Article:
COMPUTATIONAL SOCIAL SCIENCE/COLLOQUIUM ON COMPUTATIONAL SCIENCES AND INFORMATICS-FORTEC: Forecasting the Development of Artificial Intelligence up to 2050 Using Agent-Based Modeling-Kieran Marray

August 31, 2018 @ 3:00 pm – 4:30 pm
Karen Underwood

Computational Social Science Research Colloquium /Colloquium in Computational and Data Sciences 




Kieran Marray, Laidlaw Scholar 
St. Catherine’s College
University of Oxford

FORTEC: Forecasting the Development of Artificial Intelligence up to 2050 Using Agent-Based Modeling

Friday, August 31, 3:00 p.m.
Center for Social Complexity, 3rd Floor Research Hall

All are welcome to attend.

The past decade has been characterized by massive leaps forward in fields like machine learning and computer vision. Will it last? How should we think about this problem? I shall argue that agent-based modeling can be used to forecast the emergence of innovation in AI and should be able to do so better than the current models. I shall do this as follows. Firstly, I shall review previous attempts, specifically Osborne and Frey (2013) and McKinsey (2017). However, I shall show that the methodology underlying these approaches is flawed due to its reliance upon expert opinion. This can be reduced by simulating the individual firms and their actions in an empirically realistic manner. So, I shall attempt to do this, building an agent-based forecasting model (FORTEC) from the bottom up. It will be applied to the set of firms and research labs in the US working on AI to derive the first empirical predictions for the ability to automate nineteen different types of task from now until 2050. The model is far from perfect though, it is intended simply as a first approximation for others to build upon. Therefore, I shall finish by laying out some ways in which this framework could be applied or improved, from forecasting innovations in other high-technology industries such as photovoltaics to simulating non-American firms.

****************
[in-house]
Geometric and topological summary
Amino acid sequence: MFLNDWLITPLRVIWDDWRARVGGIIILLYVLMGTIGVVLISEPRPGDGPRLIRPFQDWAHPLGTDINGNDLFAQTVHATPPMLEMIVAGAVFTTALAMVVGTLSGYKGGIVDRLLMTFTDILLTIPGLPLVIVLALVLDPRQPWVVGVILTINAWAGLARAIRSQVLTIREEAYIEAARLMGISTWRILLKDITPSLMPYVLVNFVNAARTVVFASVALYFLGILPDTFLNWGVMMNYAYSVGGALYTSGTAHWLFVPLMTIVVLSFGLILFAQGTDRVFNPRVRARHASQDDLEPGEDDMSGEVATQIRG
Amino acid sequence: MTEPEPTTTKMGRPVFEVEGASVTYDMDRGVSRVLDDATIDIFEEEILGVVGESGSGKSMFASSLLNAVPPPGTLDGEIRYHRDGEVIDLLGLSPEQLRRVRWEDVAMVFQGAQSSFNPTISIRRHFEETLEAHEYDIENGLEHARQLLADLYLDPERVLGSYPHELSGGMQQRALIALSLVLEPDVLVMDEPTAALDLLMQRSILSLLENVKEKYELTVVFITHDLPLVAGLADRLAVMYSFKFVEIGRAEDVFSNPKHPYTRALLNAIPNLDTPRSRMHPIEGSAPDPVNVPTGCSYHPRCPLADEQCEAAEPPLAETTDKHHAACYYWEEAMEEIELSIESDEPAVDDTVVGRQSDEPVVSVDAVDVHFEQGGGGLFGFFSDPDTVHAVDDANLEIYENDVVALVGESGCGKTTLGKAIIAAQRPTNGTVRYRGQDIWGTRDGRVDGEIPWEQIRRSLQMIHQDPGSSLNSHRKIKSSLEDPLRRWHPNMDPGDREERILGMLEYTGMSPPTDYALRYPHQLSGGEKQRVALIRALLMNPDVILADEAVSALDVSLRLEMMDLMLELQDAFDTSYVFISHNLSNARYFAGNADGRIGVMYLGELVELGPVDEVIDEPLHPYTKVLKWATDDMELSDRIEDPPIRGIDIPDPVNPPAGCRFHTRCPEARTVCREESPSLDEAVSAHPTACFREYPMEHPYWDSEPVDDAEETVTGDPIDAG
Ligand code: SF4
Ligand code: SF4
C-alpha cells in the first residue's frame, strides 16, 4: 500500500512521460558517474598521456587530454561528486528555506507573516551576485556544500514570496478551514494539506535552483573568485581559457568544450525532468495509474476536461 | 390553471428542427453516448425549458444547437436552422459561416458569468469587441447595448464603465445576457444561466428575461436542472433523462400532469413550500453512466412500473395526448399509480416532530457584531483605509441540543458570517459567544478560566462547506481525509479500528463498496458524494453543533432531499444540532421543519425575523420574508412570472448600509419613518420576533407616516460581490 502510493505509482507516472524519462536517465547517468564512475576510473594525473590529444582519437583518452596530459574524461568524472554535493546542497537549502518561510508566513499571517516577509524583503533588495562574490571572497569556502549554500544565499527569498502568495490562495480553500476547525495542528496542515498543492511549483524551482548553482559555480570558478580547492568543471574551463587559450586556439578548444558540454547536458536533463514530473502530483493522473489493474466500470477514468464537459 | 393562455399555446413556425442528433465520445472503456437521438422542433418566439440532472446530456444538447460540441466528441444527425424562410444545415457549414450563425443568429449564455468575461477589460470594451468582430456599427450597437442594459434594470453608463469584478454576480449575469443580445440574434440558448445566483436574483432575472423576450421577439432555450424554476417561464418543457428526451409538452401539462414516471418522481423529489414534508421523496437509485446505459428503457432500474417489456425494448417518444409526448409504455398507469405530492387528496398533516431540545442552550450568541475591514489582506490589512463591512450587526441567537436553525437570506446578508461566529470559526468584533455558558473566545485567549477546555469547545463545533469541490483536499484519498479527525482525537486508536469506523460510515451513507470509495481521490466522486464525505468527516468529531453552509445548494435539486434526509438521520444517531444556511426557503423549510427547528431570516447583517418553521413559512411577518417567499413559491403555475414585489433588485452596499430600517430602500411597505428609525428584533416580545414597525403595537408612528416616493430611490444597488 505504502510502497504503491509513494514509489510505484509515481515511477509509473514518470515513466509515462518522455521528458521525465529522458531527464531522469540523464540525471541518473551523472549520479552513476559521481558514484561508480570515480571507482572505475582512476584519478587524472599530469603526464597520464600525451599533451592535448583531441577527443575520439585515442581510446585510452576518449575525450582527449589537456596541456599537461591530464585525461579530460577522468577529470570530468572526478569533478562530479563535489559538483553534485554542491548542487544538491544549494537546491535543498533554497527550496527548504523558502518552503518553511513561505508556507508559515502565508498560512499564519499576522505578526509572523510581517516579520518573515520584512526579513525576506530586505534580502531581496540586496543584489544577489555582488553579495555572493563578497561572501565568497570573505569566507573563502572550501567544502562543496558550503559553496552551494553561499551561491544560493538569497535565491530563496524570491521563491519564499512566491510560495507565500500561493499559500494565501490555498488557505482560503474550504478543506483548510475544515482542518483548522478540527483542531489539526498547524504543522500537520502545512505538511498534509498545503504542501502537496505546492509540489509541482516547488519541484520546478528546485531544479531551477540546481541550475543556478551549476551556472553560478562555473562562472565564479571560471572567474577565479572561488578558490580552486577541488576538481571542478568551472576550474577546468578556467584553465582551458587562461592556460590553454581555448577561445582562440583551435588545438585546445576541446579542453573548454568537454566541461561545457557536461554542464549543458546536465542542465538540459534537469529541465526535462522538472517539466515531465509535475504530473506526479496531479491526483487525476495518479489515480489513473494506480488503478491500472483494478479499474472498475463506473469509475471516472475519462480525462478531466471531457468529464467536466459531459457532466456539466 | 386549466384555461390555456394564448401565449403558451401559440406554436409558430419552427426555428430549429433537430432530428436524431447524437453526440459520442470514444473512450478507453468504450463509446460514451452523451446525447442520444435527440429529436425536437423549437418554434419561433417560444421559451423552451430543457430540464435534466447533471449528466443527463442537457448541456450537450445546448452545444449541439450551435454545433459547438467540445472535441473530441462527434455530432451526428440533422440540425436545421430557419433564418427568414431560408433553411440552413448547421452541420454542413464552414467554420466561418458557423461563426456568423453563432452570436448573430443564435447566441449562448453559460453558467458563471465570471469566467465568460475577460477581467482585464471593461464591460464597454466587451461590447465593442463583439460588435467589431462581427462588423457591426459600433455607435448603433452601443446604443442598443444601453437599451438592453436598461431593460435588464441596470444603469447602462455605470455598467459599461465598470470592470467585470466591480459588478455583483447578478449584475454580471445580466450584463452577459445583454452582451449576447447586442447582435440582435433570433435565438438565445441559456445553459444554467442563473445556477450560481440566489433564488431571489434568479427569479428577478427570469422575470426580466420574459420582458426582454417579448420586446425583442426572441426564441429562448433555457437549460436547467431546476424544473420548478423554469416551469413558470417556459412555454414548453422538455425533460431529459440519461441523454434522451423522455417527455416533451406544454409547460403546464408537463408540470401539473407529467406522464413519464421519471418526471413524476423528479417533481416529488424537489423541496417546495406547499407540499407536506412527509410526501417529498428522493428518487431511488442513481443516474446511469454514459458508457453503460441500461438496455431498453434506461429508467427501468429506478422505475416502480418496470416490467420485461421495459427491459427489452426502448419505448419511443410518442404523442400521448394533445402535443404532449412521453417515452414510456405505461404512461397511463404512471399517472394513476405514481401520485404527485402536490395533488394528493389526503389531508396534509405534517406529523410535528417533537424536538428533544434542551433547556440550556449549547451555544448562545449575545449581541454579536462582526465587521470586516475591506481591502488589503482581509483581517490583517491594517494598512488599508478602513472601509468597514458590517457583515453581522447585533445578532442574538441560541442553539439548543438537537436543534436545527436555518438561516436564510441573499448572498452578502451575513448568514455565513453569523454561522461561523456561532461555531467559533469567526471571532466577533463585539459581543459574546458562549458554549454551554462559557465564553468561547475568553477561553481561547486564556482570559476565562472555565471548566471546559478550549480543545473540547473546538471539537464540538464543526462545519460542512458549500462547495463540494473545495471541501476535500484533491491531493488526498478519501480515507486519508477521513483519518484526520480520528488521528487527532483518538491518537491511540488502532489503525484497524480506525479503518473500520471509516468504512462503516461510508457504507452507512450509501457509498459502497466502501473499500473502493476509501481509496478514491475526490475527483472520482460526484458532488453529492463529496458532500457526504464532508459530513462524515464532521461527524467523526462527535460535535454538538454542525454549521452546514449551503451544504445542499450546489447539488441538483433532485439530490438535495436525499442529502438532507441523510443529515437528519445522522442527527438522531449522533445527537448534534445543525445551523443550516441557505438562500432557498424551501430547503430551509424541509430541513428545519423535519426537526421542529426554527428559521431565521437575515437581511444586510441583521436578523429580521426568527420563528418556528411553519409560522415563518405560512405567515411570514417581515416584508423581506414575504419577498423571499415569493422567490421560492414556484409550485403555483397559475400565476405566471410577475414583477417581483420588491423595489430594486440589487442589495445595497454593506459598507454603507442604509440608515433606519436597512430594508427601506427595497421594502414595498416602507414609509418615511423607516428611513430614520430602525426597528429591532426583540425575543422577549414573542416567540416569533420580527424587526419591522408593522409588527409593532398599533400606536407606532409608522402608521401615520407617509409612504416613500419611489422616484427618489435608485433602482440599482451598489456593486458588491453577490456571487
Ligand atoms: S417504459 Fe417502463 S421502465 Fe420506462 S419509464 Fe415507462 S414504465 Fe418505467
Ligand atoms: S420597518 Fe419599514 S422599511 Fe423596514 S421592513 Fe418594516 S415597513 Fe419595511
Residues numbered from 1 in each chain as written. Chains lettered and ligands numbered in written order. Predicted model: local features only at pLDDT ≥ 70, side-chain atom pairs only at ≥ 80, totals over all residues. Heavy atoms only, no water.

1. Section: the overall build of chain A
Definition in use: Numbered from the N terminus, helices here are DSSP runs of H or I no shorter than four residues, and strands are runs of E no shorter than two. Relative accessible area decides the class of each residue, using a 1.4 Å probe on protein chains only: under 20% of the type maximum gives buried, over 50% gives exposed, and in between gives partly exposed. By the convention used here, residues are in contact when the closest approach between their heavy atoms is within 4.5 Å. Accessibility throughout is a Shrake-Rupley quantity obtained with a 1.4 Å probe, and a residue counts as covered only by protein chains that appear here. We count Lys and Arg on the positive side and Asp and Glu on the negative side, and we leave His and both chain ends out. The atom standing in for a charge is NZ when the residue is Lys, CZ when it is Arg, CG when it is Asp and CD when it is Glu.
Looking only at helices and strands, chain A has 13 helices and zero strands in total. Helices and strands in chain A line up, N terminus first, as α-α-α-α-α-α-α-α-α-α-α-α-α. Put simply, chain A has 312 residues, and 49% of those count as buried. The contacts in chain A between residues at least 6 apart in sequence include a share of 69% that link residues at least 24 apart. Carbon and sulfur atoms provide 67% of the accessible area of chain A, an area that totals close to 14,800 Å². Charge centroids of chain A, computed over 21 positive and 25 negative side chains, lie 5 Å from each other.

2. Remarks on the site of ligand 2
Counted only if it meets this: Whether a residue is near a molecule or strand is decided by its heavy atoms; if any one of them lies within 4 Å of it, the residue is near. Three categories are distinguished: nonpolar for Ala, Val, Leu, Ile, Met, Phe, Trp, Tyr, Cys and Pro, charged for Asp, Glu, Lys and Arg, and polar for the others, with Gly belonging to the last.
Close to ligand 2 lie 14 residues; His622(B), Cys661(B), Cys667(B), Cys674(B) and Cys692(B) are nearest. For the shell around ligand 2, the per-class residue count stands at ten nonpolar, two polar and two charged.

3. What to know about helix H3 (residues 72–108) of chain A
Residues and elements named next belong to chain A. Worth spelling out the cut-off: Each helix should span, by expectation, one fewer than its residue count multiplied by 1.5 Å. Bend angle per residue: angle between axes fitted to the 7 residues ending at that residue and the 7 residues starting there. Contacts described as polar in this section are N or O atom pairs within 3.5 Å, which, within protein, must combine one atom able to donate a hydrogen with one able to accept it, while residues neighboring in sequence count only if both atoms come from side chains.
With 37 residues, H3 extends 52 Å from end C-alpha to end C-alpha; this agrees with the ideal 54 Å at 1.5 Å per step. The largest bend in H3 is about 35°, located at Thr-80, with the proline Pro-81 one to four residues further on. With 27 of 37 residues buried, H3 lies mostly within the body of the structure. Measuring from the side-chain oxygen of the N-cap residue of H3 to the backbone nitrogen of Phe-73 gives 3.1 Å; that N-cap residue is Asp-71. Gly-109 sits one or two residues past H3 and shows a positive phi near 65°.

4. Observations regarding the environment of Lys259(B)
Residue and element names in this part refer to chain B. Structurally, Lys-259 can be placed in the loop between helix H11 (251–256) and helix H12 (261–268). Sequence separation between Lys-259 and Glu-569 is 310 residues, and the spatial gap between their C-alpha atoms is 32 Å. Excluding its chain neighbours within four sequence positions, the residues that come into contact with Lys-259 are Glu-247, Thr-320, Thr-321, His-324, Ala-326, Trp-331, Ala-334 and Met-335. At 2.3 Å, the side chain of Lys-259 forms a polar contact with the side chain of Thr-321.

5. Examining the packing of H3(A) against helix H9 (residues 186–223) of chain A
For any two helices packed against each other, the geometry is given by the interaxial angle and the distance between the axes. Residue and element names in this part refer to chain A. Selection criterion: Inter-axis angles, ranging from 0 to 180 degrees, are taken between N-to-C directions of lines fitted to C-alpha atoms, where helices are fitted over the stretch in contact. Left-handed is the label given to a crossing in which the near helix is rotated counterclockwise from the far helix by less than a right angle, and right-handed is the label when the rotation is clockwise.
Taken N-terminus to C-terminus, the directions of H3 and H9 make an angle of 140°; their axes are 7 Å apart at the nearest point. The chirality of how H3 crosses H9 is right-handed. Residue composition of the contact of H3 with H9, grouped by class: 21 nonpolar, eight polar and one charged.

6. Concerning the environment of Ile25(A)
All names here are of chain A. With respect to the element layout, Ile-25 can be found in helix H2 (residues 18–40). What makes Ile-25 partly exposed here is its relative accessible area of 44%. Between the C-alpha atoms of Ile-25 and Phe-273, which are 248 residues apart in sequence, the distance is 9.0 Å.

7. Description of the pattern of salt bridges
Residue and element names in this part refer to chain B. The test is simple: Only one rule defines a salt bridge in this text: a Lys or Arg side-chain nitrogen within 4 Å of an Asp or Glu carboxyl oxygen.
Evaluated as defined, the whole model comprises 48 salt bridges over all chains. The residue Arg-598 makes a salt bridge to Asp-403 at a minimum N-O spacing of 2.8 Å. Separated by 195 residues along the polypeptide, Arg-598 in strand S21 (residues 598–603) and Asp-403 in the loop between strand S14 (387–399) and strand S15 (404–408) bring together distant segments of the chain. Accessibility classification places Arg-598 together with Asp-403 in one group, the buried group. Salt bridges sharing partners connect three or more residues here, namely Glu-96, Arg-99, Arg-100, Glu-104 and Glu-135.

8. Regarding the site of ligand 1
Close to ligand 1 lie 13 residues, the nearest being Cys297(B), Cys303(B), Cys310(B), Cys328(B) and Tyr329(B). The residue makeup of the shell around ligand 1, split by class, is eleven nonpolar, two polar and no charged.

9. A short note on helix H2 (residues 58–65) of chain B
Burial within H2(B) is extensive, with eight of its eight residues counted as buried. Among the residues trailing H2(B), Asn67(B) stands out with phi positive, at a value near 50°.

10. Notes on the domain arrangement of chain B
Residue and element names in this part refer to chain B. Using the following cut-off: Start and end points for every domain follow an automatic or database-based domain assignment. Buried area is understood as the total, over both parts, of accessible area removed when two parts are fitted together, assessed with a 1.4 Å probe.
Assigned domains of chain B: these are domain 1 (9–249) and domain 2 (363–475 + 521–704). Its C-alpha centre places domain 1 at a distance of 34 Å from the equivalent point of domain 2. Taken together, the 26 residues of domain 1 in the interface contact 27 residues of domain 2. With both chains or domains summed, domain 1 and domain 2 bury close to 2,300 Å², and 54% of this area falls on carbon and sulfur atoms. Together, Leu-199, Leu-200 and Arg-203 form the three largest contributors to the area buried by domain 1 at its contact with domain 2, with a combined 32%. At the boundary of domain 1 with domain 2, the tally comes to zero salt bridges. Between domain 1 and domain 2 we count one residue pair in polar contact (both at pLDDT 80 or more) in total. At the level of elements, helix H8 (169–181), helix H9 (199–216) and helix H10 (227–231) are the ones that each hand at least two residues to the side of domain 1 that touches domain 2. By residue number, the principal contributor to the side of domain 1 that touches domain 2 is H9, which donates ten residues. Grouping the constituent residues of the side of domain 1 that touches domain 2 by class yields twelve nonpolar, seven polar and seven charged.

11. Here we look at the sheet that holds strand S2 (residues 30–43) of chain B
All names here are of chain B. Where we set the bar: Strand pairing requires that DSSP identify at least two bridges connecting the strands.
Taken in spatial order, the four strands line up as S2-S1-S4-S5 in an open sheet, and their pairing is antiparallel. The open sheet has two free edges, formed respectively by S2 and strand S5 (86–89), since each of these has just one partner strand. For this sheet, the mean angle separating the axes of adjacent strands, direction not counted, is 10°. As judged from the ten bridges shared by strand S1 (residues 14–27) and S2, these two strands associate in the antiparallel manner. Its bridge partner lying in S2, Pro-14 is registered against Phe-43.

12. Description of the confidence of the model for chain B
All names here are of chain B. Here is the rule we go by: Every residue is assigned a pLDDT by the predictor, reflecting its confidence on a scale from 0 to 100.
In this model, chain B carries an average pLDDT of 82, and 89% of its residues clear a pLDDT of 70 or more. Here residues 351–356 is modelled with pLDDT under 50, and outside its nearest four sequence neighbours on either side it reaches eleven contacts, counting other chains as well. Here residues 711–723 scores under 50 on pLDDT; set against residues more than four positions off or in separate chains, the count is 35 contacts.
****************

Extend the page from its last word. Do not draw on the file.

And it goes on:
Kieran is a Laidlaw Scholar from St Catherine’s College, University of Oxford. He has been visiting the Center for Social Complexity over the summer to do research in complexity economics supervised by Professor Rob Axtell.